YOUR SOCIAL LIFE SORTED: The Muddy Guide 30 Aug – 5 Sept
Hmmm, you’ve reached an older feature - let’s get you up to date! Read our latest What's On features here.
The Big Feastival, Kingham, Oxfordshire, 1 – 2 September
If your appetite for festivals and foodiness remains unsatiated after a summer of the stuff, I suggest you head over to the Big Feastival on Alex James’ farm in Kingham, presented by a certain Mr Jamie Oliver. Paloma Faith, Razorlight, The Noisettes, Gaz Coombes etc are all playing, Jamie and Valentine Warner are amongst the chefs tossing their pancakes and grimacing over their jus, and there’s the slightly cringey sounding ‘Little Dude’s Den’ to deposit your own mini Bodens to their fate of music, crafts – and slow food tasting (yeah, make the buggers try mussels and anchovies!). There are only 500 tickets left if you believe the website, so book soonish.
Wallingford Bunkfest, 31 Aug – 2 Sept
Feeling on a bit of a downer after the Bank Holiday weekend? This will cheer you up. The Wallingford Bunkfest, now in its 11th year, gleefully combines a beer festival, craft and food fair, music concerts, fun fair, and children’s extravanganza all-in-one, involving the whole town in its madness. Totally free, apart from the singing boat and steam train rides (yes, really), it’s a real community event with pubs, bars, the Corn Exchange cinema and loads of other venues hosting a massively diverse range of events. The weather’s looking up for the weekend so grab a bunch of friends and make a day of it.
Glenn Brown exhibiton at Upton House, Banbury, 2 September – 6 January 2013
I’ve never been to this but it looks really fun, especially as it’s in the heart of the city. The St Giles Fair has evolved from its 1625 origins as a parish wake to a toy fair in the 1780s to a general fair for children by 1800. Are you enjoying the history lesson children? Then I’ll continue. By the 1830s there were amusements for adults too and by the end of the Nineteenth century the prudy Victorians tried to close it down for being too rowdy and licentious. Now it’s a family fair with a mix of the traditional (coconut shy, vintage rides) and more modern white knuckle pleasures. There’s very little info on timings, so I’ll make some calls tomorrow and add them to the post then but I imagine it starts sixish in the evening.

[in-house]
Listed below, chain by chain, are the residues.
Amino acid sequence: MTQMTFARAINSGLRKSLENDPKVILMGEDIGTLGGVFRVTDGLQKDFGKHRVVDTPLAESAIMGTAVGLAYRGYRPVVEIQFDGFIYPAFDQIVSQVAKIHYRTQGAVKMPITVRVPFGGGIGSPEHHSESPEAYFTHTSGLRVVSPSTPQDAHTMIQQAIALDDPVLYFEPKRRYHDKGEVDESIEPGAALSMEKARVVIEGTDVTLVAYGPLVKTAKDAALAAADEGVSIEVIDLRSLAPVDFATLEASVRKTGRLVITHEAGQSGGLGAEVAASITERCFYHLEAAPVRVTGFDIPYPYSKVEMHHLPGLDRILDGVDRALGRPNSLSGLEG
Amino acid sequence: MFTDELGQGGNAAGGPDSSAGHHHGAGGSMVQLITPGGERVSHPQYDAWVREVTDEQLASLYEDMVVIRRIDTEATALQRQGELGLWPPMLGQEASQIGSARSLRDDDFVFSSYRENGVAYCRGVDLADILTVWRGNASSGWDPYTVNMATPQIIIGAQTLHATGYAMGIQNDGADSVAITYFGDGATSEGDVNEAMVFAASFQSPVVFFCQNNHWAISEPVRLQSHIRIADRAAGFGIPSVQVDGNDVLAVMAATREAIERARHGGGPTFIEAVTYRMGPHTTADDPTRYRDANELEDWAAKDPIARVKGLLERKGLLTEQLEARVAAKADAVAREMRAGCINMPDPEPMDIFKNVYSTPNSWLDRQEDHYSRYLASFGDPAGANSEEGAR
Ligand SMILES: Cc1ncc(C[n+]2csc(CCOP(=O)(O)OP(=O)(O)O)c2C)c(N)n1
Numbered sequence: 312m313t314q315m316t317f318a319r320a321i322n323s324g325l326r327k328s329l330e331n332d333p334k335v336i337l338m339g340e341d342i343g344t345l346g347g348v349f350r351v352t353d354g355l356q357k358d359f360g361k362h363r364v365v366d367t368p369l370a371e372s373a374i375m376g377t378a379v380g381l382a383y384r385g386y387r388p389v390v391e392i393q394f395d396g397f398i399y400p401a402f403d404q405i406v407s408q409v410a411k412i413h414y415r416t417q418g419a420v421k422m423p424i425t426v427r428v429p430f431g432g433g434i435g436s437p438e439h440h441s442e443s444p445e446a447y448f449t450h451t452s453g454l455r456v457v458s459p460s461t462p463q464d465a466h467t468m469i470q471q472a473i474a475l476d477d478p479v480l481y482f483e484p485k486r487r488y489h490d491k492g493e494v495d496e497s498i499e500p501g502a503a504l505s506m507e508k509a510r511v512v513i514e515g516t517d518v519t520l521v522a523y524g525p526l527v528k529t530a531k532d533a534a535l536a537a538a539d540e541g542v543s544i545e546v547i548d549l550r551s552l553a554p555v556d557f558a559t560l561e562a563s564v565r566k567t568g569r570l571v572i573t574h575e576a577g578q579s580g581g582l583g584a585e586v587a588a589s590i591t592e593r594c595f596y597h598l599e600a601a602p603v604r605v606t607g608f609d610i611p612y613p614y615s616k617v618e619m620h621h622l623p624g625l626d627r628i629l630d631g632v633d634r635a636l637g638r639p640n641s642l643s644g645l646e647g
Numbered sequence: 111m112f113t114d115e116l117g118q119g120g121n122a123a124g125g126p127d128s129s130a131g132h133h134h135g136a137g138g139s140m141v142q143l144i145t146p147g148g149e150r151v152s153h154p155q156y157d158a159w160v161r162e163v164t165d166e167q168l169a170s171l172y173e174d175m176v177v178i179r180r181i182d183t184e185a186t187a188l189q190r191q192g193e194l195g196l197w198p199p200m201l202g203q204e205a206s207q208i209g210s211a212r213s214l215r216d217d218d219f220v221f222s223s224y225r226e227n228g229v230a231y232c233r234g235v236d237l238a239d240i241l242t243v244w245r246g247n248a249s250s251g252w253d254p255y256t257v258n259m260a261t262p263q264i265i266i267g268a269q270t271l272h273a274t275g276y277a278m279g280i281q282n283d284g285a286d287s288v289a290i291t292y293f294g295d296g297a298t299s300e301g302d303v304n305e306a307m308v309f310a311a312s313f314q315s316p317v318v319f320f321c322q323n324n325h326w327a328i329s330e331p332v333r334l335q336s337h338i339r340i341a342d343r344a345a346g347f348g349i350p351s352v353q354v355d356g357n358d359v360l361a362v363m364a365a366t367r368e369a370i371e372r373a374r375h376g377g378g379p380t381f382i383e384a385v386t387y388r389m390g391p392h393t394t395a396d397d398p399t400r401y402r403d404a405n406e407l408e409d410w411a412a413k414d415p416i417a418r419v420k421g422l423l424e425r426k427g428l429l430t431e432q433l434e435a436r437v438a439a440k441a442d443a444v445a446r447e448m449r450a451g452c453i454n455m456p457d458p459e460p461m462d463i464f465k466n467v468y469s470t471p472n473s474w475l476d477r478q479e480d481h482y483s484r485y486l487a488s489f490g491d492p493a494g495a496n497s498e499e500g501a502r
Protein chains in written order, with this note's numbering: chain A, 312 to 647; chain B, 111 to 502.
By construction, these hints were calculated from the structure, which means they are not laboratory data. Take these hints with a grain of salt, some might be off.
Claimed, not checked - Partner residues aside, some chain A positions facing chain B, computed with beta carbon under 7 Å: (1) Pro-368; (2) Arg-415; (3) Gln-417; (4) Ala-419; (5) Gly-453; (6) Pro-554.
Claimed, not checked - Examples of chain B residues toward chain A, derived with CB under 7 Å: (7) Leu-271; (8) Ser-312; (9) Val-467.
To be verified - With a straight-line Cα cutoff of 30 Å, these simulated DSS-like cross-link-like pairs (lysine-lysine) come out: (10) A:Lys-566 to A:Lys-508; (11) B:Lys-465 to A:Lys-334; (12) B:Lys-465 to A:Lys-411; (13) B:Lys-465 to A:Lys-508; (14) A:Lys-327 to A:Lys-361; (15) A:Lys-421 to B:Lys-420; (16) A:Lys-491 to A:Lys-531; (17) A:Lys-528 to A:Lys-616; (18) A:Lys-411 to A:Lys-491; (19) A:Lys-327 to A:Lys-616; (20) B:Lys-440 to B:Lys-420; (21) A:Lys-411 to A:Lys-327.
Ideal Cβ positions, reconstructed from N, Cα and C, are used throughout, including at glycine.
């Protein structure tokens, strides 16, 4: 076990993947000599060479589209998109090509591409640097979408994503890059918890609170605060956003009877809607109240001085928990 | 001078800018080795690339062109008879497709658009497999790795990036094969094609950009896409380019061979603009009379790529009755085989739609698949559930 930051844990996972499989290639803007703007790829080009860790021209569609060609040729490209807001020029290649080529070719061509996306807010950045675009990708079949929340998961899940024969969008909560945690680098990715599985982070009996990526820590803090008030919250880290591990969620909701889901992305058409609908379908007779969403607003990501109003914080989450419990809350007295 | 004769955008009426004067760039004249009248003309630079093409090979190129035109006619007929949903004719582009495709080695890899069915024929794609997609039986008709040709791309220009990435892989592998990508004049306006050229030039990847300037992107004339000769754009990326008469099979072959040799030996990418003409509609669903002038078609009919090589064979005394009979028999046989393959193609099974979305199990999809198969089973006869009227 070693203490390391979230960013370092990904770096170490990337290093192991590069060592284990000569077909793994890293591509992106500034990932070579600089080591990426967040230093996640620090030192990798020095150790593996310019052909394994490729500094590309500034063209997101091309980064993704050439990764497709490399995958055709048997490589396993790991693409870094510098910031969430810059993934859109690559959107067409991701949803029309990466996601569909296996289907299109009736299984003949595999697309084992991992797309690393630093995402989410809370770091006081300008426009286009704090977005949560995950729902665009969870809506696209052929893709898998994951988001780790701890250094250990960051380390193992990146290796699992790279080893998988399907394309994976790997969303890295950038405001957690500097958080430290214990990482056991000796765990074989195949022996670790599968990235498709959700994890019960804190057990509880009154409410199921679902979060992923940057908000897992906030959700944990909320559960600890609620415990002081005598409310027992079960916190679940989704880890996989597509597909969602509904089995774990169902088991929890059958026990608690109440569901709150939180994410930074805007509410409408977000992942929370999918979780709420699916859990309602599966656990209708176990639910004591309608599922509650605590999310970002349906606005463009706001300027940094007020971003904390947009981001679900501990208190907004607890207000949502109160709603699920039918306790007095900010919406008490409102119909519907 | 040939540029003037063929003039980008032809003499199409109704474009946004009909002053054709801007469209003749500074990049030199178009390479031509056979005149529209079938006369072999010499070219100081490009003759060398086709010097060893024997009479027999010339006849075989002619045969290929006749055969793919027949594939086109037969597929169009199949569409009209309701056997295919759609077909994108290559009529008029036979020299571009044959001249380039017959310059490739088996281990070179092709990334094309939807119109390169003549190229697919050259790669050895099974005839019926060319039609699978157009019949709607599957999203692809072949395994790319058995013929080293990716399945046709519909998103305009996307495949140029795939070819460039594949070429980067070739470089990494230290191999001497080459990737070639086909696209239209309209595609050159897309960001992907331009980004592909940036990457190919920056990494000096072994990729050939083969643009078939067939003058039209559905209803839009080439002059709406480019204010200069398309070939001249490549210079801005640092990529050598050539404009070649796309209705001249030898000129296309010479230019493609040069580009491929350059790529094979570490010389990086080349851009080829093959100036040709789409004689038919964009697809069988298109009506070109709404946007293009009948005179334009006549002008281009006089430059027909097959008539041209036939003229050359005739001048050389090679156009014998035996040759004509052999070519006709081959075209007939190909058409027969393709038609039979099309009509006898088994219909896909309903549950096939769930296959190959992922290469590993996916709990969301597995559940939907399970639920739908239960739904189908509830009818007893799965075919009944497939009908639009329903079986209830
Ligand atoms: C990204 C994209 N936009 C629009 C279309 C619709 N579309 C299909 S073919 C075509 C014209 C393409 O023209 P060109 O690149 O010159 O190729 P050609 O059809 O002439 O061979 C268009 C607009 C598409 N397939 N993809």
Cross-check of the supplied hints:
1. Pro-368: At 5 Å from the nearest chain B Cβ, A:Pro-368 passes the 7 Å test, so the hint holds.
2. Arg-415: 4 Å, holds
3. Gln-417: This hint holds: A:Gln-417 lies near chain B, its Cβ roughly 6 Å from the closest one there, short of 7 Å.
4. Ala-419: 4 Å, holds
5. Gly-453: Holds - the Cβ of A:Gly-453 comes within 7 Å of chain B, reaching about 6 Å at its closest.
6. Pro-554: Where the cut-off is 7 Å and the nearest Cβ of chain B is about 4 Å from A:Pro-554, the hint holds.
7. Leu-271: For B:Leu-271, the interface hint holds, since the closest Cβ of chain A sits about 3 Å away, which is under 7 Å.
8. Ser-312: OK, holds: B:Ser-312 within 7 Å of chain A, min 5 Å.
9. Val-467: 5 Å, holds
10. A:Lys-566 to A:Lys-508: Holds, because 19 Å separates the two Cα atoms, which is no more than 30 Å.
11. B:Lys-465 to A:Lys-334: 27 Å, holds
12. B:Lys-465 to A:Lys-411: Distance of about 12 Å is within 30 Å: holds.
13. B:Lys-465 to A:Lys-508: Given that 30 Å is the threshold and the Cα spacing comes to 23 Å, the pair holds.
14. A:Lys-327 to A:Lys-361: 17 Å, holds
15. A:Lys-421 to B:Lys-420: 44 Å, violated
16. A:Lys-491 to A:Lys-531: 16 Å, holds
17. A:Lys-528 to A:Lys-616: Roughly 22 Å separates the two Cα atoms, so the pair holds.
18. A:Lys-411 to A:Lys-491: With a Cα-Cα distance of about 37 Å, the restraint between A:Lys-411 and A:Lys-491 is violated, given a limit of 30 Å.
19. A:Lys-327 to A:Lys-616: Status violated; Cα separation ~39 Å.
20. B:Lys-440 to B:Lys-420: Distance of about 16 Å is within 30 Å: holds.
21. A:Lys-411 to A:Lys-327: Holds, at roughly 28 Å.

Little Creatures Family Festival, ZSL London Zoo, 1 – 2 September
A special event for Under 10s, this family weekend at London Zoo offers up its full gamut of hairy, crawly and scaly inhabitants, with added kid-friendly activities, such as facepainting and sack races, egg and spoon and tugs of war, an adventure playground, giant slides and crafty bits, and a gourmet food festival thrown in for the adults. All that’s missing is some babysitting and Mr Tumble.
10am-8pm on both days. £23 adult, £17 child. Free to existing ZSL members though booking recommended.
‘Lawless’ film screening and Q&A with Nick Cave/ John Hillcoat, Phoenix Picturehouse, Oxford, Wed 5 Sept
This film, a new collaboration between acclaimed director John Hillcoat and singer/songwriter turned scriptwriter Nick Cave has been well-received and worth cosying up to watch if you’re in an art-house mood. Lawless is a tough Prohibition-set western about a family of hard-as-nails Ohio bootleggers at war with the law and rival gangsters. Muddy fave Tom Hardy (*sigh* – though stop eating all the pies Tom) stars as the monosyllabic heavy with a heart along Guy Pearce as the psychotic lawman Charley Rakes. After the film screening at Oxford’s bijoux Phoenix there’s a satellite Q&A with John Hillcoat and Nick Cave. Remember to ask Nick the important stuff like how does he keep his weight down? Where does he buy his necklaces? And of course, how the devil is Kylie? Vital stuff.
8.45pm start. www.picturehouses.co.uk